Thursday, January 26, 2006

How Solitude Prepares Man for Communion

We left last time discussing Original Solitude, and how it is through the dual nature of solitude (of man being literally alone, no woman to complete the meaning of being human; and of man being distinct from the rest of creation through the fact that he comes to self-discovery that he is distinct by naming the animals). We have an idea of what Original Solitude is, now we will see what it prepares us for.

Man cannot be understood without understanding the call to enter a covenant with God, a covenant of love. This is an immensely personal covenant, one that is experienced at the very core of the human person. Man is dignified to such an extent that God willfully gives over a gift to man to enter that eternal, loving communion, something no other creature could possibly share. God has made us for Himself! This gift from God, in all its immensity and mystery, explains to us who we are.

In order to enter this covenant, man must be able to willfully enter into it. This demands a choice, which is why there is the tree of the knowledge of good and evil. It is that choice, we can choose to enter God's covenant fully, or we can choose to reject Him. Man ends up seeing the tree as the answer to that deep longing, they listen to the devil and are fooled. They eat of it and their world perspective becomes distorted. They see solitude no longer as a good thing, proper to prepare us for intimate loving communion, but now it is something that hinders our own personal progress, and thus it is no longer solitude, but is loneliness. This is why Adam was alone first, why both Adam and Eve were not created at the same time, he had to prepare himself for that communion. The same goes for us nowadays. And this will also be applied to those in the religious life. That life of solitude is not bad, it is a great preration for that reality of eternal communion with God. Loneliness is the result of sin's distortion of our world perspective.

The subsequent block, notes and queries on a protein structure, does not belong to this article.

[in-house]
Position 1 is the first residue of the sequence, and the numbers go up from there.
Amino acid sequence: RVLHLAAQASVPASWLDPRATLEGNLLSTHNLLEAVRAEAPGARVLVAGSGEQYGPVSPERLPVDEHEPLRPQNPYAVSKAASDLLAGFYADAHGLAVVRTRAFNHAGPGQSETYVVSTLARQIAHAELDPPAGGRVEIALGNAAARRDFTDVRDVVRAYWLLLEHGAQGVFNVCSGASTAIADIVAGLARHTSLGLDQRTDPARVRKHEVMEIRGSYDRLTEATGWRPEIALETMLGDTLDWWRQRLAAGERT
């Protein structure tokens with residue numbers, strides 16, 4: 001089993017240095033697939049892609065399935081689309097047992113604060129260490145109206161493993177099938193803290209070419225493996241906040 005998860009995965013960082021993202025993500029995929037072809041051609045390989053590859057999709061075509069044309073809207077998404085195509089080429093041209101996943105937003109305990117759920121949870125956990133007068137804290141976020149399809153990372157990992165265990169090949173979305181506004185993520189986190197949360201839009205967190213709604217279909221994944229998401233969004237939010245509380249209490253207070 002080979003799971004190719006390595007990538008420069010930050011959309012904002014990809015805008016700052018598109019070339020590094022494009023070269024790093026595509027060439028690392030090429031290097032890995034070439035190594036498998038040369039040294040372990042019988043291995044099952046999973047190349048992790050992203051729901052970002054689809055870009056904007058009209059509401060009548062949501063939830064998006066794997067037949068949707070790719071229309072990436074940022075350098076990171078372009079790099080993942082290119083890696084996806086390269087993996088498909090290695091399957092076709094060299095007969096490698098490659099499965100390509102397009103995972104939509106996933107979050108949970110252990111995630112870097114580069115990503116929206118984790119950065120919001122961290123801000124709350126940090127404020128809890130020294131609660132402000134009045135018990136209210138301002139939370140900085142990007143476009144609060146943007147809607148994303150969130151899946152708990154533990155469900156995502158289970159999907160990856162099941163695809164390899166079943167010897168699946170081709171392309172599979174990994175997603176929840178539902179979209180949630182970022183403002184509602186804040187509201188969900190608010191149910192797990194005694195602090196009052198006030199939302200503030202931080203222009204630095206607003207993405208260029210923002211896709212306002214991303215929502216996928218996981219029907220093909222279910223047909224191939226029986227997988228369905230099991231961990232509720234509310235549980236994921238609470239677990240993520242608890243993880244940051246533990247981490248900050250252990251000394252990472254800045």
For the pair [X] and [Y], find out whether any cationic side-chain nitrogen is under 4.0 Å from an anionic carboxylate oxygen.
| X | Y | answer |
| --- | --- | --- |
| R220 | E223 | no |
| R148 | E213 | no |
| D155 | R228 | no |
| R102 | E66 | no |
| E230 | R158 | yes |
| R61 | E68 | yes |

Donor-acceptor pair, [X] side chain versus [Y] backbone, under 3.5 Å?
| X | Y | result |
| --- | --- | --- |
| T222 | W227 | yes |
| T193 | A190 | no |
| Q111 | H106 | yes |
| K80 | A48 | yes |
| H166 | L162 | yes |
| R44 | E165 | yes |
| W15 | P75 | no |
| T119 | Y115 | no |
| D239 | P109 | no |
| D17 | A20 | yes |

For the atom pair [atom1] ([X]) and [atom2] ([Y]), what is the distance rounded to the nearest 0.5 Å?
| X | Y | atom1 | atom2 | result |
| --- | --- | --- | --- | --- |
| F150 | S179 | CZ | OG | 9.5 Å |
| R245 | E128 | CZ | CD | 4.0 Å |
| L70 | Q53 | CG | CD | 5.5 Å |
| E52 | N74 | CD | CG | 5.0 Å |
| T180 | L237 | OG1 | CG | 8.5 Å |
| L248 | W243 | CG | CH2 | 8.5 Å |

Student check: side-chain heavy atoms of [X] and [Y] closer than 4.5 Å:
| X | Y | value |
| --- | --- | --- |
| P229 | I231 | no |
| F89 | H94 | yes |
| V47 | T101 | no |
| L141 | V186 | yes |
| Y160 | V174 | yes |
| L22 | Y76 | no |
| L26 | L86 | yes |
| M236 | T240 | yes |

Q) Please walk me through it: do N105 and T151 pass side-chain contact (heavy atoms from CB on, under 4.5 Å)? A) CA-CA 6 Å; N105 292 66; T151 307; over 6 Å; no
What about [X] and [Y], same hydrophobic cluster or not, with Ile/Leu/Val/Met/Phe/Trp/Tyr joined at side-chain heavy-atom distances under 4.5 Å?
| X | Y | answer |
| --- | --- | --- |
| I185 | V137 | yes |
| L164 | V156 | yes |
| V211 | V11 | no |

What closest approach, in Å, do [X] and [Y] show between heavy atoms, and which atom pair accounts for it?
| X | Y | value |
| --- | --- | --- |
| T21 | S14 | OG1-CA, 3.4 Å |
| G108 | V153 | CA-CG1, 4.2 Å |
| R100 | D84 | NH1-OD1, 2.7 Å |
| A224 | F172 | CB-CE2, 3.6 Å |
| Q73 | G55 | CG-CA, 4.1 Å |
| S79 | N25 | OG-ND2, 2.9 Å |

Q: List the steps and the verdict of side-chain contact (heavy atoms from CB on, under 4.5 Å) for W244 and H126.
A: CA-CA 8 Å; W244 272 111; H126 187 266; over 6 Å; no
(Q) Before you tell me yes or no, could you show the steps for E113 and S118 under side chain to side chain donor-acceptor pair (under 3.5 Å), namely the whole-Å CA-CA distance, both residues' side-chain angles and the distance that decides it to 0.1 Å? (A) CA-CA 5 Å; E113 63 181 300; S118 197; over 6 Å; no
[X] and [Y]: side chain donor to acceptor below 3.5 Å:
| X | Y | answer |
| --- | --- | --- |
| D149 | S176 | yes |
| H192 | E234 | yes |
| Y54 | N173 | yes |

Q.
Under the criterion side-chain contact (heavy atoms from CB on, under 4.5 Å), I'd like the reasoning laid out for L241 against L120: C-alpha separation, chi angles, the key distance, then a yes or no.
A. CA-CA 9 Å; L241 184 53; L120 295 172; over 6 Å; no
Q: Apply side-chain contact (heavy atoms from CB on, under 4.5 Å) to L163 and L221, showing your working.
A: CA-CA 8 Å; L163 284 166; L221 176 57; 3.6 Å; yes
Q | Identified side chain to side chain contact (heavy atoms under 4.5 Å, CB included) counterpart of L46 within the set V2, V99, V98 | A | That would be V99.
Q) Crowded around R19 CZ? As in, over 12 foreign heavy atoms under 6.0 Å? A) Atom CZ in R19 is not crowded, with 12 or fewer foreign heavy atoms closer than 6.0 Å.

And so, it is this freedom that makes for us the ability to have eternal life with God. We must choose, no one can choose for us. Adam and Eve had two choices, they could eat of the tree of the knowledge of good and evil or they could eat of the tree of eternal life. They chose to live apart from God. Adam, also, had a perfect understanding of what was meant by death. Just as we can contrast our own experiences with those of Original Man by reflecting on our own experiences, so too can Original Man, by reflecting on his own experiences and knowledge, contrast who is compared to God. Adam knew God, and knew that he was a limited being, dependent on God. If this is the case, he could see that he could have the opportunity of no longer living, it was all dependent on God.

Man, therefore, is, at the very essence of his being, defined by his relationship of dependence and partnership with God. Man is defined according to his relation to God. We are dependent because we have been created by God and are creatures, but we are in a partnership because God freely gives us a covenant of love in which we may participate in.

Man also comes to a deep understanding of who is through the very experience of his body! Man is formed out of the dust of the earth and God breaths His Spirit into man. Man is a person constituting a body and a soul, intimately intertwined. Thus, through the very experience of his body, man comes to learn of who God is and, it follows, who he is.